Special Relativity

Watch this to understand the theories behind Special Relativity needed for Higher Physics (and why space travel could get very uncomfortable)

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When I was a kid a wanted to go to space – to be the person to visit a new solar system or galaxy. To be the first astronaut to explore a new world.

One of the issues with this, I now realise as a Physicist, is time – the distances are so massive that it would take many lifetimes to get to the places that I dreamt of with the spaceships we currently have.

But what about if we could build something that went faster? A lot faster.

What would happen, for example, if a spaceship was able to travel at, or close to, the speed of light? Would this allow me to get to where I dreamt of going?

Well, for this, we need to think in terms of theoretical physics. In particular we need to use Einstein’s theory of special relativity. Only by doing this can we start to get some answers, and, I warn you now, it gets very weird indeed…let’s go to infinity and beyond.

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The first and most important concept when dealing with special relativity is this: light cannot travel faster than 3x10^8 m/s. If you are traveling forwards on a train and shine a torch forward classical physics tells us that the speed of the light would be the speed of the train plus 3x10^ m/s. However every measurement ever taken tells us that light cannot travel faster than 3x10^8m/s. So what happens?

The answer lies in the simplest equation of them all. Speed equals distance over time. Taking this equation and applying it to this situation tells us this. If nothing can travel faster than 3x108 then that side of the equation can’t change so if we have a situation where that should occur, something weird happens.

Either the distance or the time has to adjust instead. Wait what? If an object is travelling close to the speed of light what an outside observer would see is the length of objects shrinking or the time it takes them to appear where we are expecting them expanding! These phenomena are known as length contraction and time dilation and we have a set of equations to explain them.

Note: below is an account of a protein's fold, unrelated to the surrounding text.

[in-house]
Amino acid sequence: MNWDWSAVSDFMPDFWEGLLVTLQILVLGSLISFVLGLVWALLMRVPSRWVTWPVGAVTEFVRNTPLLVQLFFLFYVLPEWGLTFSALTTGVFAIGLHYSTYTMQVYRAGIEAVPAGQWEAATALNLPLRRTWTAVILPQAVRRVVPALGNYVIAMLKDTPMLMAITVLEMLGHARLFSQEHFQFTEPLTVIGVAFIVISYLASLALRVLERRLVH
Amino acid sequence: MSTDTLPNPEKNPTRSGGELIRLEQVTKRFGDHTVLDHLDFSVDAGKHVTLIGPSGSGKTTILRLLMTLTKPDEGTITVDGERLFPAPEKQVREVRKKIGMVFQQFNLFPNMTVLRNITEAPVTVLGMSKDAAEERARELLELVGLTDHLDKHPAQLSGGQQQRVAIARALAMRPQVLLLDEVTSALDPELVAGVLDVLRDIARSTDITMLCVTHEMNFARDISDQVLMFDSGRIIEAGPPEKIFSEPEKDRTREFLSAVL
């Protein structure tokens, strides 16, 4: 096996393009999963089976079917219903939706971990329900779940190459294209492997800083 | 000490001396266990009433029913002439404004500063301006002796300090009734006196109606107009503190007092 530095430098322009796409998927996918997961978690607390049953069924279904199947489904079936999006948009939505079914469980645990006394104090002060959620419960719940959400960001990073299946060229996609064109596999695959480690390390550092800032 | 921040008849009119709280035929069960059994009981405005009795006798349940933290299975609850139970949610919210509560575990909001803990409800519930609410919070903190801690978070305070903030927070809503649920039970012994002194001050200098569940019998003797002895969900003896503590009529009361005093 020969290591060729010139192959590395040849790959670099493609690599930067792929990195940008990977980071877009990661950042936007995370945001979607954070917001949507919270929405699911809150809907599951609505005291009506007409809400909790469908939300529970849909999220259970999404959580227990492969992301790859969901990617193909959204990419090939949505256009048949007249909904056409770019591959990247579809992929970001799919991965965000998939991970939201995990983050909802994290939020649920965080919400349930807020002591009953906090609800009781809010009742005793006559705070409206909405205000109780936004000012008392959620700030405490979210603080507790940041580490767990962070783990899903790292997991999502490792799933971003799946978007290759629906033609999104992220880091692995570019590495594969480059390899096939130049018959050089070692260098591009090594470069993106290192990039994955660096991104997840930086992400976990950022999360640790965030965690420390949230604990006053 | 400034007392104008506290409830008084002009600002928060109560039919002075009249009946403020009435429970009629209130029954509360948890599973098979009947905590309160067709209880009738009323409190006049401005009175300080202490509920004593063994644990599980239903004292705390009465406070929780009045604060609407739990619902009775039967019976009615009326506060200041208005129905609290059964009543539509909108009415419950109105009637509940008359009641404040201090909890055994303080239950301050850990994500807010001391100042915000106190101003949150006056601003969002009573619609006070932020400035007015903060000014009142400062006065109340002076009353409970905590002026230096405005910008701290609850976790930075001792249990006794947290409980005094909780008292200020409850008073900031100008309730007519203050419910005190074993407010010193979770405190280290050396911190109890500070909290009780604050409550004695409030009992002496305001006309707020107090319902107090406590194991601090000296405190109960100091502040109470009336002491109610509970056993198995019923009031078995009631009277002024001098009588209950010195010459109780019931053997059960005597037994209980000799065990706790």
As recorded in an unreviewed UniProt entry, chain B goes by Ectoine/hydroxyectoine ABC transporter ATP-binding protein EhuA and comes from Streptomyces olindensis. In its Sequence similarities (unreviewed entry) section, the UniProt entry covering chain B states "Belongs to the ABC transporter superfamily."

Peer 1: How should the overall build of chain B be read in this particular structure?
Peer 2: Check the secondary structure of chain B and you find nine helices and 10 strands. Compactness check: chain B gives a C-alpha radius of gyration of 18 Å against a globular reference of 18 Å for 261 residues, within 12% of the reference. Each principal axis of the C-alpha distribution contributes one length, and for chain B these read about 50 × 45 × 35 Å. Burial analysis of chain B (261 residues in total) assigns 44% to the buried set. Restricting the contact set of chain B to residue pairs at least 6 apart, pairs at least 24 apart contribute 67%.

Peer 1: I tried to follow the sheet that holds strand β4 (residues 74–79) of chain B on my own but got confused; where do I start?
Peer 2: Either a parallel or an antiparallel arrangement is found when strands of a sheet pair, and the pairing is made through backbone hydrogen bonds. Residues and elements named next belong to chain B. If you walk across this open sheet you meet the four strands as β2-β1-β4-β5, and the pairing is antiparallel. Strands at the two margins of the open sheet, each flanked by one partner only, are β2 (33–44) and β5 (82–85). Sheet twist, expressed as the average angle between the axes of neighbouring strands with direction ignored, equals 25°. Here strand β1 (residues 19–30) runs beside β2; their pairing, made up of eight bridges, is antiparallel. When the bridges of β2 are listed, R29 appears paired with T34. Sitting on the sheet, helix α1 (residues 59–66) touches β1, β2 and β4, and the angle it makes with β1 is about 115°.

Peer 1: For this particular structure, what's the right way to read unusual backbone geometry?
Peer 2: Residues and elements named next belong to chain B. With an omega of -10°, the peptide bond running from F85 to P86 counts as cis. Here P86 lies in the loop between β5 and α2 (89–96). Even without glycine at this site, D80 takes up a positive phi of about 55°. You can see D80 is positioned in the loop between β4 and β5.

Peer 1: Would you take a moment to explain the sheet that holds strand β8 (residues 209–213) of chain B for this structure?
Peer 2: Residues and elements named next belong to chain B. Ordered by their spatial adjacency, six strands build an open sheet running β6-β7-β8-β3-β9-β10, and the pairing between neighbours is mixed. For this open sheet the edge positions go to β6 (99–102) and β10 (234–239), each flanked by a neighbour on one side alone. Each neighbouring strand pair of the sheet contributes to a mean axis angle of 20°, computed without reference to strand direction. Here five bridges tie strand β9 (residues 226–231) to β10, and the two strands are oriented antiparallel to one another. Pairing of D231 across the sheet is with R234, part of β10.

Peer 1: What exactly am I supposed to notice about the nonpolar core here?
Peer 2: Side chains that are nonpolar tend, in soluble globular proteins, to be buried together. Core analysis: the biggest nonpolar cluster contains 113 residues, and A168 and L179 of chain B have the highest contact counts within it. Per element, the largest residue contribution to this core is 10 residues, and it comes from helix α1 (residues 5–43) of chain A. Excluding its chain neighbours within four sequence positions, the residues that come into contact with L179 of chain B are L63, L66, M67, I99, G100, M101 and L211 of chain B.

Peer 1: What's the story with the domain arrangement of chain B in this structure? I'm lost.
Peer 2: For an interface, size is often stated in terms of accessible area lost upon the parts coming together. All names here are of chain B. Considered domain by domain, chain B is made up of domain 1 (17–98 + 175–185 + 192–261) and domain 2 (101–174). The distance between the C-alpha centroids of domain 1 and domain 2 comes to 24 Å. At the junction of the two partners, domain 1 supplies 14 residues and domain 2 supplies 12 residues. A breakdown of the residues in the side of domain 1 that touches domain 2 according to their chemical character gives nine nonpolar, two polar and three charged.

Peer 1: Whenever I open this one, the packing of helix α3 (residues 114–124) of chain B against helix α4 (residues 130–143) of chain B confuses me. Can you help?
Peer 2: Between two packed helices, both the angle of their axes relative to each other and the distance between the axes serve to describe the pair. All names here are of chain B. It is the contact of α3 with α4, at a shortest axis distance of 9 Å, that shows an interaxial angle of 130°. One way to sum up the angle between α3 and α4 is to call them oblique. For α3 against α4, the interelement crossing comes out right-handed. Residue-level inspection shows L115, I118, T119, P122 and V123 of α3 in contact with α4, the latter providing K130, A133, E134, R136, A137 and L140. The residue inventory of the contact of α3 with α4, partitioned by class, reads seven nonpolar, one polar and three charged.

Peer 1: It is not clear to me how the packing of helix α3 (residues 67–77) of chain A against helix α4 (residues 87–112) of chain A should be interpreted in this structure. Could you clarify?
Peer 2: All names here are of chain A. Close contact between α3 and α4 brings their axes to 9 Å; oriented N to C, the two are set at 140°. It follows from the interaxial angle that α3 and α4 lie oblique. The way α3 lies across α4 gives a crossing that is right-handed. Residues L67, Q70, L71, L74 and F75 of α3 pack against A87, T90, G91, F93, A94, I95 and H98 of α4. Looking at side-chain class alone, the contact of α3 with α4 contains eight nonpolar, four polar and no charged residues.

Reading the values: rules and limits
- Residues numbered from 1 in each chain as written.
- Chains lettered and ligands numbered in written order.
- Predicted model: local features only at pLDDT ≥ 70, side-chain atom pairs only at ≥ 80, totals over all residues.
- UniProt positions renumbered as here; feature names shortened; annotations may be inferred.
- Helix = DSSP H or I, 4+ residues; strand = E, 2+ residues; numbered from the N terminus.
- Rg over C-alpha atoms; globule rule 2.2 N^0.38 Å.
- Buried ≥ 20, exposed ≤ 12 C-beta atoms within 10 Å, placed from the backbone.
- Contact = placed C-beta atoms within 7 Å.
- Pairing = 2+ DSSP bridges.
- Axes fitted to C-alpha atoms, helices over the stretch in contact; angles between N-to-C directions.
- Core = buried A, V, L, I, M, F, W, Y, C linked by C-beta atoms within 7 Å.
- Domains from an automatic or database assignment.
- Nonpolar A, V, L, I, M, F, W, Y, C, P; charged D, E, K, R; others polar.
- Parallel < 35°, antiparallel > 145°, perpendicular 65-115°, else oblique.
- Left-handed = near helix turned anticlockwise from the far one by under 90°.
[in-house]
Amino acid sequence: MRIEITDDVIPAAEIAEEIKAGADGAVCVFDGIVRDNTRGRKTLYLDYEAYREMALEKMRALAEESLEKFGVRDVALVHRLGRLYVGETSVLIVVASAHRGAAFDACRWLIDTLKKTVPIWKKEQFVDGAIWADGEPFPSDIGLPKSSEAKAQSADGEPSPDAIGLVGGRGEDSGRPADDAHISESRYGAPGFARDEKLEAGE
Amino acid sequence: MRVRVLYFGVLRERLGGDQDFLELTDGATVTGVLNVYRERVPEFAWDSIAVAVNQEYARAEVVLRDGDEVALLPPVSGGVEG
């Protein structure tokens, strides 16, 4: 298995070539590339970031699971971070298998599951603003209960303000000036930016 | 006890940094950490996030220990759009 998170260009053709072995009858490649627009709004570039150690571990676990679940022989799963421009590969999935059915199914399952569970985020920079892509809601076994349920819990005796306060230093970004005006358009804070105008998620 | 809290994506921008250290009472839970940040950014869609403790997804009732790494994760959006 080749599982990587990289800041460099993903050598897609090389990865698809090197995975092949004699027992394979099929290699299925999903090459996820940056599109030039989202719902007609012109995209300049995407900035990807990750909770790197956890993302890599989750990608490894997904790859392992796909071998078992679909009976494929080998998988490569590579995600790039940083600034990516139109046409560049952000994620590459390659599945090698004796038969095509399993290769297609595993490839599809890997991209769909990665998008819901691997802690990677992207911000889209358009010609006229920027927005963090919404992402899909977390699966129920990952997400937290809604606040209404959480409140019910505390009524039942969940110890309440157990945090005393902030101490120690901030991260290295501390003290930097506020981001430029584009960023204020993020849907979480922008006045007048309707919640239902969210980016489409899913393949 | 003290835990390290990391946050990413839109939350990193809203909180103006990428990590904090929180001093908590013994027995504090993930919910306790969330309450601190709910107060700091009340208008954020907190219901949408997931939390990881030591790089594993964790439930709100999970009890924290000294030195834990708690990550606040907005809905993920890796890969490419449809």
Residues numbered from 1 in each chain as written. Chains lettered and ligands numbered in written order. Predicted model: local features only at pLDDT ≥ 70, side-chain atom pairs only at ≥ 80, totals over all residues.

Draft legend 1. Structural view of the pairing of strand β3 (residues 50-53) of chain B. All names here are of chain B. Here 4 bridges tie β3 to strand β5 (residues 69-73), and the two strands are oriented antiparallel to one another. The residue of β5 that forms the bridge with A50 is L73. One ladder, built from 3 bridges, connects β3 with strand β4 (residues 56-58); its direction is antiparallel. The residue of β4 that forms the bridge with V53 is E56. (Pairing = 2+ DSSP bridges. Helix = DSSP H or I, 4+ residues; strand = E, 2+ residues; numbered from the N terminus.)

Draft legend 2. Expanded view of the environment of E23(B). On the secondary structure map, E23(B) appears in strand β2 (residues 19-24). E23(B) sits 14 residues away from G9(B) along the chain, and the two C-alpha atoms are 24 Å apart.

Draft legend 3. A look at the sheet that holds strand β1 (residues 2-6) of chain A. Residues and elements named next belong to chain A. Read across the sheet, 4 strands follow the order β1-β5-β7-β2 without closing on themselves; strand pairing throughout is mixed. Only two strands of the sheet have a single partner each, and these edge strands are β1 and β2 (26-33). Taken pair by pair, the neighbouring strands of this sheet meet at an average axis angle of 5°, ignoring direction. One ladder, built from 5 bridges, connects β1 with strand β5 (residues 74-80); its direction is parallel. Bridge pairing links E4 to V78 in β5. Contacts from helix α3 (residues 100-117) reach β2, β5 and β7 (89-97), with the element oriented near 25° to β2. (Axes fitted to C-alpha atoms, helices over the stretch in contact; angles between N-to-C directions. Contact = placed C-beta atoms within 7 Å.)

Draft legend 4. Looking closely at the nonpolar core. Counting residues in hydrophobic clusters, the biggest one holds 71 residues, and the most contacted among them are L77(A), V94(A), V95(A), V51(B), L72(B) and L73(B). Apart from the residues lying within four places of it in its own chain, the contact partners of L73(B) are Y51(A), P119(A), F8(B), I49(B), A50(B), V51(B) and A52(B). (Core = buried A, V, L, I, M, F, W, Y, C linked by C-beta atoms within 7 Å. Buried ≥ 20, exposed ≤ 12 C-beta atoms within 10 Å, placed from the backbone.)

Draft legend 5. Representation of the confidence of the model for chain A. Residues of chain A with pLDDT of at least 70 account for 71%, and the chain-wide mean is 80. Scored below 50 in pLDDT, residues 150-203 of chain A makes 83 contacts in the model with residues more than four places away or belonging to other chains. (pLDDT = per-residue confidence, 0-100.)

These are called the Lorentz equations. What they tell us is this: the closer to the speed of light we travel the more dilated time gets and the more contracted length gets. Lets look at length contraction: L’ is the contracted length that an outside observer would see, l is the length of the object, v is the velocity of the object and c is the speed of light. So, if a spaceship is 50m long and travelling at 50% the speed of light or 1.5x10^8 m/s (we could call that 0.5c and we often do).

Our equation would be l’ equals 50 x the square root of one minus 1.5x10^8/3x10^8 squared. Note that fraction simplifies to a half and that is why it is useful to say 0.5c as that fraction could just be written as 0.5 over 1.

When we plug in our numbers, we get an answer of 43.3m to 3 significant figures. These equations are not tremendously difficult, but they are mind-bendingly strange results. The things to remember are: light travels at 3x10^8m/s in a vacuum no matter who is looking at it or no matter how fast you think it should be going. And if an object travels near the speed of light we just need to drop the values into the Lorentz equations to see what an outside observer would see.

Speaking frankly, I think my chances of getting to a new solar system or galaxy are probably pretty slim. Travelling at the speed of light sounds pretty cool, but I am not sure I fancy the being contracted part.

For now I will stick to my own planet – which actually isn’t so bad anyway – I’ll just use theoretical physics to imagine the rest.

This was thinkfour, thanks for watching.